Preparing and drinking coffee is celebrated in many countries worldwide, but it has a particular significance in Iraq.
In Iraq, having the means to prepare and present coffee to guests carries great value; the ability for the host to offer the beverage to guests in the house is a sign of respect and social status. The process of presenting and drinking coffee to acquaintances comes with its own etiquette. Drinking, or even refusing to drink a host’s coffee, implies serious intentions.
Tradition and coffee go hand in hand in Iraq, where a specific recipe could be handed down through generations, and decisions such as marriage and peace talks would come to a close over the warm beverage.
When presented with coffee in someone’s home, guests must drink the first cup; it is their choice if they want to drink the second. For hosts to offer guests a third drink represents respect and honor on the behalf of the visitors.
Iraqi coffee is served in a Dallah, like in much of the Arabic world. The dallah was first made in Baghdad out of a metal alloy, and today resembles a pear shaped vessel, often with beautiful designs tapped into its sides. The pot has a curved handle and a tapered spout, and is often made from silver today. The dallah was first made in Baghdad before spreading throughout the Arabian world. This spread is in part credited to the nomadic Bedouin peoples, who traveled throughout the Middle East and between societies.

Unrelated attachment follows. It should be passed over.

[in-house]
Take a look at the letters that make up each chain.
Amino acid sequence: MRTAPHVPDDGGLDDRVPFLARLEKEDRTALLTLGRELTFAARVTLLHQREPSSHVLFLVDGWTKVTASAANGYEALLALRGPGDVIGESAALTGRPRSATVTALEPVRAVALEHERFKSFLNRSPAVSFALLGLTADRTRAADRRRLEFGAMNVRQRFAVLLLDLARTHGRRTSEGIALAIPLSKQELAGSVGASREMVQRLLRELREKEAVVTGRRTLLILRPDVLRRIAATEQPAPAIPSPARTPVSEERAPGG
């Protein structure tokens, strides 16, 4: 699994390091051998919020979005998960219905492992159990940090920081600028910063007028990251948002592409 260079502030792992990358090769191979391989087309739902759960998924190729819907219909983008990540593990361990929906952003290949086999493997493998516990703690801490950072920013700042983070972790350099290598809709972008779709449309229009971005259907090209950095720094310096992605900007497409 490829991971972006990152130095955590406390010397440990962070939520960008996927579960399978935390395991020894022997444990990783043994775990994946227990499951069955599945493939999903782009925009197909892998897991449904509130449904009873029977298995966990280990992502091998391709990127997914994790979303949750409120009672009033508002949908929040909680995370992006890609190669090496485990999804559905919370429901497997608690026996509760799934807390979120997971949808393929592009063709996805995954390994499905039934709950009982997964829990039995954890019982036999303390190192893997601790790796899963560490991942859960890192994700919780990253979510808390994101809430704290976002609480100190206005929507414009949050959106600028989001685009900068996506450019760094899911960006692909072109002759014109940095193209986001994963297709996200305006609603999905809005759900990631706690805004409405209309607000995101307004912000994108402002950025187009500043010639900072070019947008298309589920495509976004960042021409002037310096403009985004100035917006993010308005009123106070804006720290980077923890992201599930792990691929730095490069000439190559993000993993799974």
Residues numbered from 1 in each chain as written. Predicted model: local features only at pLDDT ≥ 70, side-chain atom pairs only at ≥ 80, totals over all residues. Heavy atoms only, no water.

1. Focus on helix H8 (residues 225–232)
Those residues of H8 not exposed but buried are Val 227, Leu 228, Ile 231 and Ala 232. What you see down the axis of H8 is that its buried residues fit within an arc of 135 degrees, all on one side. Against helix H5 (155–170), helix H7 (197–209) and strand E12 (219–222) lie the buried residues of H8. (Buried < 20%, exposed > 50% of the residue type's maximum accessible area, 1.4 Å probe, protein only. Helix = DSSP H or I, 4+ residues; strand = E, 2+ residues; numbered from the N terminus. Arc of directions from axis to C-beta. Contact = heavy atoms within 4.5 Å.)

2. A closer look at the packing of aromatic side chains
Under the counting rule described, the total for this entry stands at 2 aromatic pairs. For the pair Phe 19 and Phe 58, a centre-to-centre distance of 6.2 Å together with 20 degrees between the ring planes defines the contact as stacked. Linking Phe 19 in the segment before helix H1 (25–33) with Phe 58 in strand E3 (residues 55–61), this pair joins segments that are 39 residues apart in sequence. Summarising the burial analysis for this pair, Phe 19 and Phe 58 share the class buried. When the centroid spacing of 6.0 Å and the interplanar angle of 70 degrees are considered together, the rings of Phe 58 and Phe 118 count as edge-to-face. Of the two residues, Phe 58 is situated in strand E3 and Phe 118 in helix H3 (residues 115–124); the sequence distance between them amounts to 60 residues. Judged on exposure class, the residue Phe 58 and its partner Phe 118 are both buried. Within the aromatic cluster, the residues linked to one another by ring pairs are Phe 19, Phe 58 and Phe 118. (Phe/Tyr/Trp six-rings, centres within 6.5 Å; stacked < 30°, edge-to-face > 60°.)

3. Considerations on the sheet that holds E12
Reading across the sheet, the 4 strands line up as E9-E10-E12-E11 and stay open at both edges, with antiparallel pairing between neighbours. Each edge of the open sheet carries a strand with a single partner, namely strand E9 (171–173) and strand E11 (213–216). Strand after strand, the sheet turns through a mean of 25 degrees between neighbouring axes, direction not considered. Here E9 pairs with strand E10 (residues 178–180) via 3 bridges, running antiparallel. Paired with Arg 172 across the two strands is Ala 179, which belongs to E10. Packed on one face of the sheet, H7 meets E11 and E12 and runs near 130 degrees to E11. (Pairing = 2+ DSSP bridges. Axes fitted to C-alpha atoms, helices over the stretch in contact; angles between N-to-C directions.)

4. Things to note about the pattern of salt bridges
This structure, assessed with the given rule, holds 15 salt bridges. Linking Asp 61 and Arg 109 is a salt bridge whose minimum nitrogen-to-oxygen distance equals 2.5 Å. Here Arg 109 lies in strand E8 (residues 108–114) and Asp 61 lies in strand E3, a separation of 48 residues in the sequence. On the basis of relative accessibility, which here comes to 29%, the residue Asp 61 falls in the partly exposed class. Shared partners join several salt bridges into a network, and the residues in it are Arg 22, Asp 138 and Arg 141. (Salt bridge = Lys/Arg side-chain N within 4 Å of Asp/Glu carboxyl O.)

Arabian coffee is often strong and bitter, sweetened by various spices. Each country and community used their own special combination of flavors to make it just so—cardamom is a popular spice used in Iraqi coffee.
To prepare Iraqi coffee, you heat a tin or metal coffee pot (such as the dallah) over an open flame or stove, just once. The process is about quality, not quantity. Various recipes require different measurements, but it seems that 1 tsp of coffee per 1 tbsp of water is just measurement. Begin with enough ground coffee and just a little water, enough for the consistency to be pasty. Gradually add water to this paste while continually heating and stirring the mixture. The result should be very strong and heavily textured. Drink the coffee from a small cup, like an espresso cup or a bit larger.
Additionally—Iraq is thought to have pioneered the concept of the three course meal—starting a meal with soup, then meat, followed by fruit or sweets. This tradition was brought to Europe from Iraq by the Moors, sometime in the 9th century.
*Sources http://articles.latimes.com/2011/jul/04/world/la-fg-iraq-coffee-20110704 and